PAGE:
|Publication number||US5614063 A|
|Application number||US 08/531,549|
|Publication date||Mar 25, 1997|
|Filing date||Sep 18, 1995|
|Priority date||Sep 18, 1995|
|Publication number||08531549, 531549, US 5614063 A, US 5614063A, US-A-5614063, US5614063 A, US5614063A|
|Inventors||Edwin X. Graf, James A. Eng|
|Original Assignee||Voith Sulzer Paper Technology North America, Inc.|
|Export Citation||BiBTeX, EndNote, RefMan|
|Patent Citations (10), Referenced by (16), Classifications (12), Legal Events (4)|
|External Links: USPTO, USPTO Assignment, Espacenet|
1. Field of the Invention.
The present invention relates to paper-making machines, and, more particularly, to edge detectors for guiding a continuous belt therein.
2. Description of the Related Art.
Prior paper-making machines include continuous belts such as those made of "forming fabric" or felt to conduct the paper web throughout the paper-making machine. These continuous belts run at high velocities and sometimes have a tendency to move transversely relative to the running direction of the belt, thereby causing the edge of the belt to roll up against, contact, and/or wear on an interior edge of the machine.
Prior sensing devices to monitor such undesirable motion include the use of a mechanical sensing device in the form of a steel paddle that is oriented along the side of the continuous belt, such that when the continuous belt rubs against the steel paddle, a signal is provided to a guide device indicative of the transverse position of the continuous belt. The guide device shifts or moves the continuous belt transversely back into its normal running position within the machine in a continuous manner. Normally such mechanisms include a guide roll to direct the continuous belt or forming fabric. A problem with such steel paddles is that the physical contact of rubbing with the high velocity moving belt causes grooves to form in the paddle over time, thereby inducing inaccuracies in the mechanical sensing device and wearing out the paddle. Additionally, the edges of the continuous belt may wear and fray with such contact.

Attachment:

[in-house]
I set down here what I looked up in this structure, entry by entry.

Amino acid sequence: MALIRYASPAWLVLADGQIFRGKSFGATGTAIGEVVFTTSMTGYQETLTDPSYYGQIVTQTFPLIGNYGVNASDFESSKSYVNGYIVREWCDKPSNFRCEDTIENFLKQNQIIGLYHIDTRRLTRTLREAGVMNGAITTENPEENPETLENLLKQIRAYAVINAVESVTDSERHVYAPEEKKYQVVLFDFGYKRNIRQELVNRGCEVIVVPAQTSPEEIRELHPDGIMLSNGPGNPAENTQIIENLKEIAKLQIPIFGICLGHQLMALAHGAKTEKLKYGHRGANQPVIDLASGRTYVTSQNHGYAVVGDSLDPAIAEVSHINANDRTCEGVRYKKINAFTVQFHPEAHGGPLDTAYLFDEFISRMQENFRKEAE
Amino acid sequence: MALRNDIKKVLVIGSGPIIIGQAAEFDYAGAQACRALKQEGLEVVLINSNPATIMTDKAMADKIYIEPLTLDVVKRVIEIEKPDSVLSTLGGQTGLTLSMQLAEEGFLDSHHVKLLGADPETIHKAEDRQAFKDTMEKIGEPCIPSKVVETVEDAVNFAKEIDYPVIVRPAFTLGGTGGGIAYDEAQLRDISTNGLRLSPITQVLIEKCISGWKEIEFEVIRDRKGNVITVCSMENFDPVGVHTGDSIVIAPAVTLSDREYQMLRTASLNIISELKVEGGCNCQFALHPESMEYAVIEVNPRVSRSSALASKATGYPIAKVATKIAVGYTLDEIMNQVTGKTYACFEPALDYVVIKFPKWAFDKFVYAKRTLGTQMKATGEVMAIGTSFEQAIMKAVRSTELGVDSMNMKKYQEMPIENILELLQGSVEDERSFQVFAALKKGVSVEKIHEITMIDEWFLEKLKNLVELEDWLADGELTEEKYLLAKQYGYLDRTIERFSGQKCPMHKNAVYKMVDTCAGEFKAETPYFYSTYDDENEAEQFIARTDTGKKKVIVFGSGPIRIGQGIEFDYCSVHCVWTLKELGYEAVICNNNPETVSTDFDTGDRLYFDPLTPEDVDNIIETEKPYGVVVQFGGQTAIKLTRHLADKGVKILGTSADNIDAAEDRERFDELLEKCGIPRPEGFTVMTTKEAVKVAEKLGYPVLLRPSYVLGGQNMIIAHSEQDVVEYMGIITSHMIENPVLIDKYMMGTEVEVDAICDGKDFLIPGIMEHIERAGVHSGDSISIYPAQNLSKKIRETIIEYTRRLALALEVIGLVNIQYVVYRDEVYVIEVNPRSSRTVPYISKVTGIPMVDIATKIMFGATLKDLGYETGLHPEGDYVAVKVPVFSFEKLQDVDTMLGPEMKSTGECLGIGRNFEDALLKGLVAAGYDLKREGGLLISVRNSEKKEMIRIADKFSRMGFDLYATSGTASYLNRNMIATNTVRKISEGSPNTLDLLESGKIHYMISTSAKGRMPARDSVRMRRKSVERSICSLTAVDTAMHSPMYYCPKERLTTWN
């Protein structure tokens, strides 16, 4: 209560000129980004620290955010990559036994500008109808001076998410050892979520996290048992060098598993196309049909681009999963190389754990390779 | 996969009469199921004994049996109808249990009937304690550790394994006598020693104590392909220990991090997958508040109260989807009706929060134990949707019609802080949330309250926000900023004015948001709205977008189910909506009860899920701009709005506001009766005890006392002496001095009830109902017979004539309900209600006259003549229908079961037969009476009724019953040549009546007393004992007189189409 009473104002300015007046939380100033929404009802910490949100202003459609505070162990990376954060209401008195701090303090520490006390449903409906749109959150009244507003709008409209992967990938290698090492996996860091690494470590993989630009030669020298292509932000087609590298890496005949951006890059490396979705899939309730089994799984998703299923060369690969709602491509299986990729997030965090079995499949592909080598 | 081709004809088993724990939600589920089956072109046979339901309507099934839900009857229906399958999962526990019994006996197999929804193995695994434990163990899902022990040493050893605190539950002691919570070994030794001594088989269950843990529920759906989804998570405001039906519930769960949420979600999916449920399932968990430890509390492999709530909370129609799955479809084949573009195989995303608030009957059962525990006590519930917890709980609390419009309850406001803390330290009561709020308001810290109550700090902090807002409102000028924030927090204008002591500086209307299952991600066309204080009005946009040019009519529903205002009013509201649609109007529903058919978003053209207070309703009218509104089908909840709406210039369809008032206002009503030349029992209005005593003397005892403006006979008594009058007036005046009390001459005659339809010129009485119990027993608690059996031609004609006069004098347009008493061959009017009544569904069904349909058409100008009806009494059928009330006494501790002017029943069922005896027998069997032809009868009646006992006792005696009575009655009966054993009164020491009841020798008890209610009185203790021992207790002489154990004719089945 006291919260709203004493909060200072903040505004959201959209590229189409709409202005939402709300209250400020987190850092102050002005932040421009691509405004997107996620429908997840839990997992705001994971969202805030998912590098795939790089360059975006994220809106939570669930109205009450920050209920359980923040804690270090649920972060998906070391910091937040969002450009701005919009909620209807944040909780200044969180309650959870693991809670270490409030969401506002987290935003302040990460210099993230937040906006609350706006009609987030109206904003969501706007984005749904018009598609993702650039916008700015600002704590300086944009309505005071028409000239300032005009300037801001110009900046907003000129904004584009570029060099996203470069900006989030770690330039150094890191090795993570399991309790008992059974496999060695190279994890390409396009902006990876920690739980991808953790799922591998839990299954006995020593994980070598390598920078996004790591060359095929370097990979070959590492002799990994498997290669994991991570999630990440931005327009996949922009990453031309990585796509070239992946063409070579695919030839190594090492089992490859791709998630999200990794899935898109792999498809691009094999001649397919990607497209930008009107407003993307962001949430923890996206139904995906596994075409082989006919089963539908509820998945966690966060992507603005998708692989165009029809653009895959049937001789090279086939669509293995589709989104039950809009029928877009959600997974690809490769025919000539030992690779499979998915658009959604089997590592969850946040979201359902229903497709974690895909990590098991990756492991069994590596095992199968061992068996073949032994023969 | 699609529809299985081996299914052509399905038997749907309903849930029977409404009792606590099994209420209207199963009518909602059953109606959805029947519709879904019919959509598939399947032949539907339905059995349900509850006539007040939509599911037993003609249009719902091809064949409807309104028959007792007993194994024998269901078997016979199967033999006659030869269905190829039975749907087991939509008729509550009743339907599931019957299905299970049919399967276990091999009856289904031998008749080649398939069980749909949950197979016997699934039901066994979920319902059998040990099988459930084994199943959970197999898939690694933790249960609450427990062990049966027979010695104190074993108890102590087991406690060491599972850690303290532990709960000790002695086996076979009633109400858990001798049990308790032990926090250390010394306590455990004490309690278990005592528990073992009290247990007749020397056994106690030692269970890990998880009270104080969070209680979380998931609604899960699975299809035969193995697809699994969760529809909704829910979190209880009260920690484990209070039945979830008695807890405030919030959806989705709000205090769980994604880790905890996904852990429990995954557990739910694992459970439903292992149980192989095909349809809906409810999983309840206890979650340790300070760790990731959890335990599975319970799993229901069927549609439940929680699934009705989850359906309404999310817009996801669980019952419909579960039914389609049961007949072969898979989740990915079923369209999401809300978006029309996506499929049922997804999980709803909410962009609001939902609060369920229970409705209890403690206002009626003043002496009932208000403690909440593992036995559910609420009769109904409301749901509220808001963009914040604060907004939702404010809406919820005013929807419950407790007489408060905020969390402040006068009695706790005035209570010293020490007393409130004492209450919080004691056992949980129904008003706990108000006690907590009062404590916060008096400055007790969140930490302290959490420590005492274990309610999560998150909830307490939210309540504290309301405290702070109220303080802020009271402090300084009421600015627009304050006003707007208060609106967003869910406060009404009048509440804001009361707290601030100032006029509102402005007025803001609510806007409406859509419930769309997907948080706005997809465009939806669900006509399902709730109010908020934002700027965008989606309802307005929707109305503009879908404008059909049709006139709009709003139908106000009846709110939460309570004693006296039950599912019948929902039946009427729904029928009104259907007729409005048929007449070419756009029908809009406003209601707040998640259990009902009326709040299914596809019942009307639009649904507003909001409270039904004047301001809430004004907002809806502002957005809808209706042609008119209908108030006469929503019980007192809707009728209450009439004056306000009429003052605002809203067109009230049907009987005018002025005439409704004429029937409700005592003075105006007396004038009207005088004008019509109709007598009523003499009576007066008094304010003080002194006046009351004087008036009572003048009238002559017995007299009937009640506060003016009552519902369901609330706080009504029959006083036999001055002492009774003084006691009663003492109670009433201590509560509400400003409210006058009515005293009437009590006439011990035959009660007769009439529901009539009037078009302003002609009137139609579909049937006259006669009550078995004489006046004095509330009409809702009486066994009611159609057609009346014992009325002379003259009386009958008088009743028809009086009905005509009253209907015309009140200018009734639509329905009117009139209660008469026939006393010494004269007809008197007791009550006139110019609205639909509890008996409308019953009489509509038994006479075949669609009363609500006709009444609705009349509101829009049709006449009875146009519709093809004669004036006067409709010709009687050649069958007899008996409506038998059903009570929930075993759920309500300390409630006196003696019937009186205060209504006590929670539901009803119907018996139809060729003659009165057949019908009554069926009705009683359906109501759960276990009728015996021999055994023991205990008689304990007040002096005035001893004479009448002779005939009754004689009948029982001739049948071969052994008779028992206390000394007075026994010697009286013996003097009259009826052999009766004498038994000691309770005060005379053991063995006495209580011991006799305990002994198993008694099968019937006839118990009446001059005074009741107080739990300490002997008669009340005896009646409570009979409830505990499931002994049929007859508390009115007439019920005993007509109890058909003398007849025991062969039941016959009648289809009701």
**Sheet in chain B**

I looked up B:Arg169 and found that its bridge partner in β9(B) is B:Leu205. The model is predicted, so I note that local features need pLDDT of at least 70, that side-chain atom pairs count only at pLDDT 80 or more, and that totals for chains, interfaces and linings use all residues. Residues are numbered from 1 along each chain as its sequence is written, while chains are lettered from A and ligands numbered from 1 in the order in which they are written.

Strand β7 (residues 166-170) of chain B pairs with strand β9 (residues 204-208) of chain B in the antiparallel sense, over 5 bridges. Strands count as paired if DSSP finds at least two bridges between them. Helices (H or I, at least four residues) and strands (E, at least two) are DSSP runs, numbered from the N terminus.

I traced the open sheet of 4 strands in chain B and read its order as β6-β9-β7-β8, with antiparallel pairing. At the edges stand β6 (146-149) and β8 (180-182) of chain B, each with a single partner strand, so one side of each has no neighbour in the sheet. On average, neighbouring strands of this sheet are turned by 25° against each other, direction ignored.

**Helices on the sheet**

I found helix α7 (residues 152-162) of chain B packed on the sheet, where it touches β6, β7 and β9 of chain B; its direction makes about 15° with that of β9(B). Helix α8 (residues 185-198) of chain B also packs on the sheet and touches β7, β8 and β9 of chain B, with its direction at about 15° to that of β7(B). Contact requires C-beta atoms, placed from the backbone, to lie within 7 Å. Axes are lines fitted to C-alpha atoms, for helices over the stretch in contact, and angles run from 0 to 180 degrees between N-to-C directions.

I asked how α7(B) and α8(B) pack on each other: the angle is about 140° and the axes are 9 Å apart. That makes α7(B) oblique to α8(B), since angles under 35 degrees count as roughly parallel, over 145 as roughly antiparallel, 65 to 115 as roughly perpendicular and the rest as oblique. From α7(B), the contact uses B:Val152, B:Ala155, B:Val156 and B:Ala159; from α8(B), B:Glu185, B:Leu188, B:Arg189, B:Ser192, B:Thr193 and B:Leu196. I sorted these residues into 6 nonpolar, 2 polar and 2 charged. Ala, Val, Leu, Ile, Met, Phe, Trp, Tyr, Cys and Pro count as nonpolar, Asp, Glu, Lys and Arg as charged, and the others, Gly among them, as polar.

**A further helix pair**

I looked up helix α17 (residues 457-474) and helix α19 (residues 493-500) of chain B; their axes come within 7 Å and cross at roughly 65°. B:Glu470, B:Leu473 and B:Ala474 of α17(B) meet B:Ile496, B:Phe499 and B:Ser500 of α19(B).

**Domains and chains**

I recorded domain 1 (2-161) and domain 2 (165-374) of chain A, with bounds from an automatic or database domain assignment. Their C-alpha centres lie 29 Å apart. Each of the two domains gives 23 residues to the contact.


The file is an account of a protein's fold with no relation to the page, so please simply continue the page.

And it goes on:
Another type of edge sensing mechanism is that of an optical sensor. This type of sensor utilizes an optical pickup for determining the path or the location of the edge of the belt such that when the edge of the belt is in an undesirable location, a guide device is activated to move the continuous belt transversely back to its normal running position. A problem with optical sensors is that the optical pickup eyes must be clean to operate consistently. The paper-making environment normally has a large amount of particulate matter and fiber adjacent to optical edge sensors which tend to cause these optical sensors to signal falsely or not operate at all. Because of this problem, mechanical sensing devices are still used as a backup sensing mechanism. Additionally, such optical sensors are expensive.
What is needed in the art is a relatively inexpensive edge detector system able to withstand the paper-making environment.
The present invention provides a continuous belt edge detector system for use with a continuous belt of a paper-making machine. The continuous belt includes an edge having an edge dope with metallic particles therein. An inductive sensor is connected to the guide device and disposed near the edge dope. The inductive sensor sends a signal to the guide device indicative of the location of the continuous belt to cause the guide device to move the continuous belt transversely back to a normal running position.
The invention comprises, in one form thereof, a continuous belt edge detector system for use with a paper making machine having a continuous belt guide device. The system comprises a continuous belt having an edge, the edge including an edge dope with metallic particles therein, with the continuous belt having a running direction in the machine. An inductive sensor is connected to the guide device, adjacent the edge dope, and sends a signal to the guide device indicative of a location of the continuous belt with the guide device moving the continuous belt transversely relative to the running direction dependent on the inductive sensor signal.